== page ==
Rhapsody in Blue
Death Valley National Park, California, USA (2016)
Sometimes after the sun goes down, nature decides to perform an encore. Much like encores at musical concerts, the extension of the main show can be the highlight of the whole event. Such was the case for me when our glowy, atmospheric outing on the dunes took a dramatic, moody turn right after sundown. The entire area did a grand about-face and transformed itself into a whole new aesthetic. Instead of the sky simply going grey and dark, the late ambient light found all the right openings and gave the low storm clouds that special inner glow, imbuing them with rich blues and greens and emphasizing their fantastic textures.
Since I was leading a workshop at the time, I was mostly concentrating on instruction, and I barely remember shooting this scene. My strongest memory is asking a 70-year-old participant if he would like to stay out and keep shooting or if I should escort him back. It had been a long outing with a fair amount of hiking on the dunes, and I wanted to make sure that he was comfortable. His reply was an unequivocal “yes”: he didn’t want to miss this opportunity! His enthusiasm was really charming, and we remained out long after the light began to wane. I actually told my partner (co-leader Ted Gore) that I was sorry not to have been able to get any photos of my own that evening, but that I had great memories of the outing nonetheless.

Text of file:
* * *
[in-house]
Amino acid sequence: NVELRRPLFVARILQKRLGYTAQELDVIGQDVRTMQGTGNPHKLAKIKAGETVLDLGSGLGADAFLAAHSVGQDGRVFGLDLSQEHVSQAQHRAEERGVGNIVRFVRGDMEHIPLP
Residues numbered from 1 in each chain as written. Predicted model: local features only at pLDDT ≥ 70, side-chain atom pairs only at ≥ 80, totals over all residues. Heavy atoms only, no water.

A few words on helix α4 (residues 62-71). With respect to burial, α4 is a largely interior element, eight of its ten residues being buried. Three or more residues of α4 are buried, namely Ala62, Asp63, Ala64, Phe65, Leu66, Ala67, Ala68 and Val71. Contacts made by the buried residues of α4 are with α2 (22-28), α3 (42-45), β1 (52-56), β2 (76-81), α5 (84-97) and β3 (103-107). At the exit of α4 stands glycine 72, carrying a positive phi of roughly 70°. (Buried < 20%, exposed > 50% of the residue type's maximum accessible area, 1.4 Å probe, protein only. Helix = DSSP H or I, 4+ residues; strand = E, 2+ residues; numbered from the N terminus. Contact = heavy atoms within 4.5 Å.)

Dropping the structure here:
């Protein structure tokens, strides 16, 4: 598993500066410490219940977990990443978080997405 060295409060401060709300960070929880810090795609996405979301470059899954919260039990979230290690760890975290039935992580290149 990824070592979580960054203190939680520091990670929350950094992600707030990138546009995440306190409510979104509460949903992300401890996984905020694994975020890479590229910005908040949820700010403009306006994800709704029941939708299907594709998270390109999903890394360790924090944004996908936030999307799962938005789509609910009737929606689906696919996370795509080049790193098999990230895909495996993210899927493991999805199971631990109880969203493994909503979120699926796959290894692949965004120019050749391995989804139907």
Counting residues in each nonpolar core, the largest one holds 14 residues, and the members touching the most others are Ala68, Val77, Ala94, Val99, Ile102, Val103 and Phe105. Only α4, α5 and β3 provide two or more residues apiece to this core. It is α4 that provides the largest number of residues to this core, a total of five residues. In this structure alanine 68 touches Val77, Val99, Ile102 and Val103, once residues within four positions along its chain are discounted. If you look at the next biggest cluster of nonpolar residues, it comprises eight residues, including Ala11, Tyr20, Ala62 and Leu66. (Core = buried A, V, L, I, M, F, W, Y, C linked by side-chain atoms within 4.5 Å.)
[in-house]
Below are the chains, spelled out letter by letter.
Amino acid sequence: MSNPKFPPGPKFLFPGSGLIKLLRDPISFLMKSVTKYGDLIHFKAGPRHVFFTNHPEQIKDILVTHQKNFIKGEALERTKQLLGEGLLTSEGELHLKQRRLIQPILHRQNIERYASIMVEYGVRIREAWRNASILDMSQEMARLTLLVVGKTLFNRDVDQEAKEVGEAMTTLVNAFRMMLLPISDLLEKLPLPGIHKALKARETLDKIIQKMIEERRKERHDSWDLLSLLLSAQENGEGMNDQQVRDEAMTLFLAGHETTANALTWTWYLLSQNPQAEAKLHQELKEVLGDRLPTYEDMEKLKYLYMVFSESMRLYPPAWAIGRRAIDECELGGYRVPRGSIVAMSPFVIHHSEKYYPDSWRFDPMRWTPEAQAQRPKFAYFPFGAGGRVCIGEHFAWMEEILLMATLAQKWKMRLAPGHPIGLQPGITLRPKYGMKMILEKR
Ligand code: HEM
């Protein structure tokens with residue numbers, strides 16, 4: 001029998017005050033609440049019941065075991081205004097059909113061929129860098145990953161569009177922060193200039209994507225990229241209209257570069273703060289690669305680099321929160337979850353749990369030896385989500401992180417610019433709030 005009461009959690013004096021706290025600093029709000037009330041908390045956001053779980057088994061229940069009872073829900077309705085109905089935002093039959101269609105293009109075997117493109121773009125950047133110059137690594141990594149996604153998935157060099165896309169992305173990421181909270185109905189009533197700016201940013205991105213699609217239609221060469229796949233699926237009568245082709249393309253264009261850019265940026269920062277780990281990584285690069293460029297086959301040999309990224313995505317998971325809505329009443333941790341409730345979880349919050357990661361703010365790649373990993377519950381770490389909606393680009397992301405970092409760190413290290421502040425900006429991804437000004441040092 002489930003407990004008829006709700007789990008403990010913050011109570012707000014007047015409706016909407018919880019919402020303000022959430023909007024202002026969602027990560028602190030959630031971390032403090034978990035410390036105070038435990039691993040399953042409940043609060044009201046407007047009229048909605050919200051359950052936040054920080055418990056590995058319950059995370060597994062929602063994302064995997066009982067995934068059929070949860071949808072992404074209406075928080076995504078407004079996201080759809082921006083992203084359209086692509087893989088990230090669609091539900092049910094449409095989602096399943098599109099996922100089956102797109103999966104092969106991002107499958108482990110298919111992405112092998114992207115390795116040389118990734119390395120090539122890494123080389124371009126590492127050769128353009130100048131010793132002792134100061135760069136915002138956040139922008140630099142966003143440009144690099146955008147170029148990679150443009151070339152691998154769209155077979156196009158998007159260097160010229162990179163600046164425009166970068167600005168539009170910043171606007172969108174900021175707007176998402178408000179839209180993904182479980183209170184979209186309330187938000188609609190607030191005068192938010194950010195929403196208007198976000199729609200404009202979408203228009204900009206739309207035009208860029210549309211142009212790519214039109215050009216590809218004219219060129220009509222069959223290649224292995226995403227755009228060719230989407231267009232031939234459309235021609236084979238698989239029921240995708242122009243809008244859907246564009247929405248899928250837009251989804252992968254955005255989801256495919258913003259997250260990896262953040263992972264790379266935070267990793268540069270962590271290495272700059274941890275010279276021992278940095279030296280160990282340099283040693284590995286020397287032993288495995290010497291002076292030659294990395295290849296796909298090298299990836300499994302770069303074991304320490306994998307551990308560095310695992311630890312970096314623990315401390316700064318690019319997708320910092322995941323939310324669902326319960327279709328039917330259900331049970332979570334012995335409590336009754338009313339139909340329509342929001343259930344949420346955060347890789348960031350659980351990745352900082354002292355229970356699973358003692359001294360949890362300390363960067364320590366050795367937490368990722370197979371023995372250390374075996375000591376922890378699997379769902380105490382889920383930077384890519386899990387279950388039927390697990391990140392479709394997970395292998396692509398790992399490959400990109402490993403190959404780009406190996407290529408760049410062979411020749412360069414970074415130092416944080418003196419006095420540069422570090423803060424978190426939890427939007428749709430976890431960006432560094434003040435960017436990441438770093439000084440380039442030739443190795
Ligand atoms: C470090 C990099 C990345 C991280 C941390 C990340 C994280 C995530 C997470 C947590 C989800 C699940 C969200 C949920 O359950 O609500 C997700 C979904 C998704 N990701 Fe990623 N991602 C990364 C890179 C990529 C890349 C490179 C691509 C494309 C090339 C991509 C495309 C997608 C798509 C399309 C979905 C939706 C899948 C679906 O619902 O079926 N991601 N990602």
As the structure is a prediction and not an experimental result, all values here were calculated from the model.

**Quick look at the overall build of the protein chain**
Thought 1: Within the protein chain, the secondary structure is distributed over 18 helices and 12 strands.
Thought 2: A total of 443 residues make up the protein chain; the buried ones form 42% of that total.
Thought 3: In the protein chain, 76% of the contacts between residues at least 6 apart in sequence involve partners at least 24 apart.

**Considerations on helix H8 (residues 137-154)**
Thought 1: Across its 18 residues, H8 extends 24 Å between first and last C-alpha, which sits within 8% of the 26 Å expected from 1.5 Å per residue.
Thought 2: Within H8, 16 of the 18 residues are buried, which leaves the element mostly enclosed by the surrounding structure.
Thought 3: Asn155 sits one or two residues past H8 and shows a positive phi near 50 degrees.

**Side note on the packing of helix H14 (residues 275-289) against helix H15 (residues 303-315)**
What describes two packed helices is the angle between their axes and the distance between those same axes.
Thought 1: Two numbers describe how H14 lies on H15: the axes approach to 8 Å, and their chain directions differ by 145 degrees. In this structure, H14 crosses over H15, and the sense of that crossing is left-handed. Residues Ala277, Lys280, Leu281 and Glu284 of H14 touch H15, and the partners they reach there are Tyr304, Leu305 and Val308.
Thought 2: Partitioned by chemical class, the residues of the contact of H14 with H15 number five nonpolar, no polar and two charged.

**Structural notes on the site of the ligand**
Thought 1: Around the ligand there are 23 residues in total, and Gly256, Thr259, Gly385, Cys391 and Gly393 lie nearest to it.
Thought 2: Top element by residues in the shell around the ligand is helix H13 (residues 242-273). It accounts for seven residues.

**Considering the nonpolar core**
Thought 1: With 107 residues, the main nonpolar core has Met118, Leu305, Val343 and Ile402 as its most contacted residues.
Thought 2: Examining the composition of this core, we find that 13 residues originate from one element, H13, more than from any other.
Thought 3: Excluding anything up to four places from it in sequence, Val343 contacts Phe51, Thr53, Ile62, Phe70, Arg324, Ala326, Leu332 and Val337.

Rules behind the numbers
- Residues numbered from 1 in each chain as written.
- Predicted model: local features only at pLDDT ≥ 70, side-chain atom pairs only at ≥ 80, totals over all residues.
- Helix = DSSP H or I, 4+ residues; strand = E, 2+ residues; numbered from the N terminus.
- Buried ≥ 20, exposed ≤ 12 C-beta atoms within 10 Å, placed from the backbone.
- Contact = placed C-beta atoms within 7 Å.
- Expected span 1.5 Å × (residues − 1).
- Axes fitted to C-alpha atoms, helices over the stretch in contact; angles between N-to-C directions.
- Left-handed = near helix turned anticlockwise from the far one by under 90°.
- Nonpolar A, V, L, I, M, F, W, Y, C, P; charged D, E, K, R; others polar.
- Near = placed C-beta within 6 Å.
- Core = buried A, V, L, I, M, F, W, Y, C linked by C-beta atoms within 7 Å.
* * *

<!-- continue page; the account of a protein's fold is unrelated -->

So it was a very pleasant surprise to discover this photo in my cache of files from that trip. It is actually a total of three files shot for dynamic range and a perspective blend, so I was clearly shooting with intent at the time, although I have almost no recollection of it. The photo is therefore something of an encore itself, a latecomer of a treat that I did not expect.